Hundreds of lncRNAs are correlated with thousands of mRNAs. For instance, NAALADL2-AS2 was correlated with 3,998 mRNA transcripts and XIST with 3,820 ones (Supplementary Figure 2). Functions of differentially expressed lncRNA were predicted using GO pathway annotations of their correlated mRNAs. These lncRNAs could be categorized into hundreds of KEGG and GO pathway annotations. Some of the pathways are involved in the pathogenesis of lymphomagenesis, such as cell cycle, cell apoptosis, B cell receptor signaling, and NF-kappa B signaling pathway. Of these, 230 lncRNAs were clustered into regulation of NF-kappa B signaling pathway and 125 were into the B cell receptor signaling pathway. One lncRNA was involved in more than one GO/KEGG pathway regarding with lymphomagenesis. For example, NAALADL2-AS2 is predicted to have regulatory functions in p53, NF-kappa B, JAK-STAT signaling pathways, and in hematopoietic cell lineage.

Of the complex network for lncRNAs and their corresponding GO annotations of correlated protein coding genes, we summarized the top 200 annotations with the most significance (i.e. the lowest P values). The most frequently predicted functions of differentially expressed lncRNAs were unfolded protein binding, double-stranded RNA binding, and chromatin and nucleosome assembly (Figure 4).

The top 200 GO terms or pathways for the difference lncRNA co-expression genes between the DLBCL cells and normal B cells.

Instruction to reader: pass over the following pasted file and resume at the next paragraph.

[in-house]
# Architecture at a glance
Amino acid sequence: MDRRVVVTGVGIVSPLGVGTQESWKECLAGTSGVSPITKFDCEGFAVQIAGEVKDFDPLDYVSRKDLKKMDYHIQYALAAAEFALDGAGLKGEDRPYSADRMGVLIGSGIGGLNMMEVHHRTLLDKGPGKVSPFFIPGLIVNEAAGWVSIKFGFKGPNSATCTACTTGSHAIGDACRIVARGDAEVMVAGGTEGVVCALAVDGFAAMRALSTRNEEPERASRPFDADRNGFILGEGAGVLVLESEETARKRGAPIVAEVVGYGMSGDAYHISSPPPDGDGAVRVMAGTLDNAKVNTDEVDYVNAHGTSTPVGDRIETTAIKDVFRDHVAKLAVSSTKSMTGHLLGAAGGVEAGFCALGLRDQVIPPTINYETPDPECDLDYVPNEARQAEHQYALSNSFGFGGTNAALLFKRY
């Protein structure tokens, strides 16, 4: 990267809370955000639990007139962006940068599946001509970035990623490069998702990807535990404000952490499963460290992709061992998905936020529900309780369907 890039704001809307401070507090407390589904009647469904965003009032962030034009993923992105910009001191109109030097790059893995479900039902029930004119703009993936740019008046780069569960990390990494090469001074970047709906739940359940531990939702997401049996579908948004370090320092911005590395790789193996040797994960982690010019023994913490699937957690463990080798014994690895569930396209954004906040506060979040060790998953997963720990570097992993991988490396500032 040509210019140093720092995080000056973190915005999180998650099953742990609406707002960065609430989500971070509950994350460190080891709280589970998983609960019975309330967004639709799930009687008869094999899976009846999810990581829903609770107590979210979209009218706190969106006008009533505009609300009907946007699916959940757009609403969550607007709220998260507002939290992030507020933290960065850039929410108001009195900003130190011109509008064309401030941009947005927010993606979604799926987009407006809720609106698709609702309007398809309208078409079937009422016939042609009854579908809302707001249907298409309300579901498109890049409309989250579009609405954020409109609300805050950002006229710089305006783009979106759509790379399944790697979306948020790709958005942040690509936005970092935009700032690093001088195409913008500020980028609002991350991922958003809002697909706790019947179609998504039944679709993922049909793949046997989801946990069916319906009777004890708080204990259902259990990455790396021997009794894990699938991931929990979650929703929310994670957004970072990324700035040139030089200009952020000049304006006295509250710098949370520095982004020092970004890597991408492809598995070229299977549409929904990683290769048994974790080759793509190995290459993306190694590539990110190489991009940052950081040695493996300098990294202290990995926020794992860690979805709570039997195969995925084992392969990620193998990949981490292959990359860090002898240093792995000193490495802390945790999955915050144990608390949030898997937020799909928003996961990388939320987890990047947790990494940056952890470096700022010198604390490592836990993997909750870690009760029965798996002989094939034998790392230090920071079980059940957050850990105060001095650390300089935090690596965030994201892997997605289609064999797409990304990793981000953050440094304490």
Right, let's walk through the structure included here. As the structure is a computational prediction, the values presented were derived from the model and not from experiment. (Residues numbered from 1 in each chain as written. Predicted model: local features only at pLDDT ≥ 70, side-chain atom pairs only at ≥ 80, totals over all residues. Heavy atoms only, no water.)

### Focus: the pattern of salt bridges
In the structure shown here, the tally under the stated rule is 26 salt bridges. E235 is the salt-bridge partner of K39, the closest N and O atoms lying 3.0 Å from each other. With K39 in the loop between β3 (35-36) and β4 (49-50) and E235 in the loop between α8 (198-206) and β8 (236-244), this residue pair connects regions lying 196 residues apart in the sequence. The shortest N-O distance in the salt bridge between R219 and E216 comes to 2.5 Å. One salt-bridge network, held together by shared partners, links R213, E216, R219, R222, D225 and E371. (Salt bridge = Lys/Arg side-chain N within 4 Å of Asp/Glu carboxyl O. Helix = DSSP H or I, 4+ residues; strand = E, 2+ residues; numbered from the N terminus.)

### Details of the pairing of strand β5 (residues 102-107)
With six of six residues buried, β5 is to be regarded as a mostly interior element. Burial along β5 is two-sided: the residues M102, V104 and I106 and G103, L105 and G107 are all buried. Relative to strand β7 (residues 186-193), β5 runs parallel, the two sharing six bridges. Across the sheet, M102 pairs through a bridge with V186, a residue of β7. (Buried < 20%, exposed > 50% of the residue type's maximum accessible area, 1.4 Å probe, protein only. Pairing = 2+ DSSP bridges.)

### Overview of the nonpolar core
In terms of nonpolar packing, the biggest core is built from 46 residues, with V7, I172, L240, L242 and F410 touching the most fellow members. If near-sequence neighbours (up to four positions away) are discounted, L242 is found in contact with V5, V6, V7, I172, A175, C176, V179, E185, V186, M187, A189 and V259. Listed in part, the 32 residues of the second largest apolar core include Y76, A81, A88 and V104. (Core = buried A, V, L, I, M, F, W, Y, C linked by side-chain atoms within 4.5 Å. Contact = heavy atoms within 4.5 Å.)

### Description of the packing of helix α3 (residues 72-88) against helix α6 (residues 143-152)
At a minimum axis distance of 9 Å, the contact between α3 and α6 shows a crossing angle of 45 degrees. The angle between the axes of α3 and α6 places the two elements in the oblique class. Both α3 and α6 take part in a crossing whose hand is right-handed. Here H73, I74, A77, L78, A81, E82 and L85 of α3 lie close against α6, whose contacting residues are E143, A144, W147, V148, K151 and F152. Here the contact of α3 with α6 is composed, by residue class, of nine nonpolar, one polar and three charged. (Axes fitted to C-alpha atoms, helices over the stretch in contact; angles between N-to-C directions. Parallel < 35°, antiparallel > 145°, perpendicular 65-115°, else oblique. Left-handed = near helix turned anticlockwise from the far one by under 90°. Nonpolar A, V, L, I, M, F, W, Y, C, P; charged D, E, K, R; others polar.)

Figure 4: The top 200 GO terms or pathways for the difference lncRNA co-expression genes between the DLBCL cells and normal B cells.

Cis regulation of lncRNA

A few lncRNAs regulate their own transcription in the cis-regulatory genes, and also that of the nearby genes, via recruition of remodeling factors to local chromatin [13]. Thus, we identified the chromosomal coexpression genes 300 kbp upstream and downstream of the differentially expressed lncRNAs to determine potential lncRNA cis-regulatory genes. These genes were considered as potential cis-regulatory genes of the lncRNAs. A data reduction strategy was used for overlaying the genes located at up- or down-stream of lncRNAs and coexpression genes. When comparing DLBCL cells versus normal B cells, 241 lncRNAs had 576 cis-regulatory genes that were identified. Among these, the lncRNAs NONHSAT035752 had 13 cis-regulatory genes, and the lncRNA with the most downregulated expression, lncRNA NONHSAT120161, had four cis-regulatory genes (TRGV10, TRGV1, TRGV3, and TRGV5) (Supplementary Figure 3). We showed that in the top 200 downregulated lncRNAs, 11 were possibly cis-regulated immunoglobulin genes (IGHV, IGLV, IGKV, IGLJ, IGHD, IGHJ) (Supplementary Figure 4). However, the top 200 upregulated expressed lncRNA genes had similar functions.

Trans-regulation of lncRNA and the construction of the TF-lncRNA-target gene network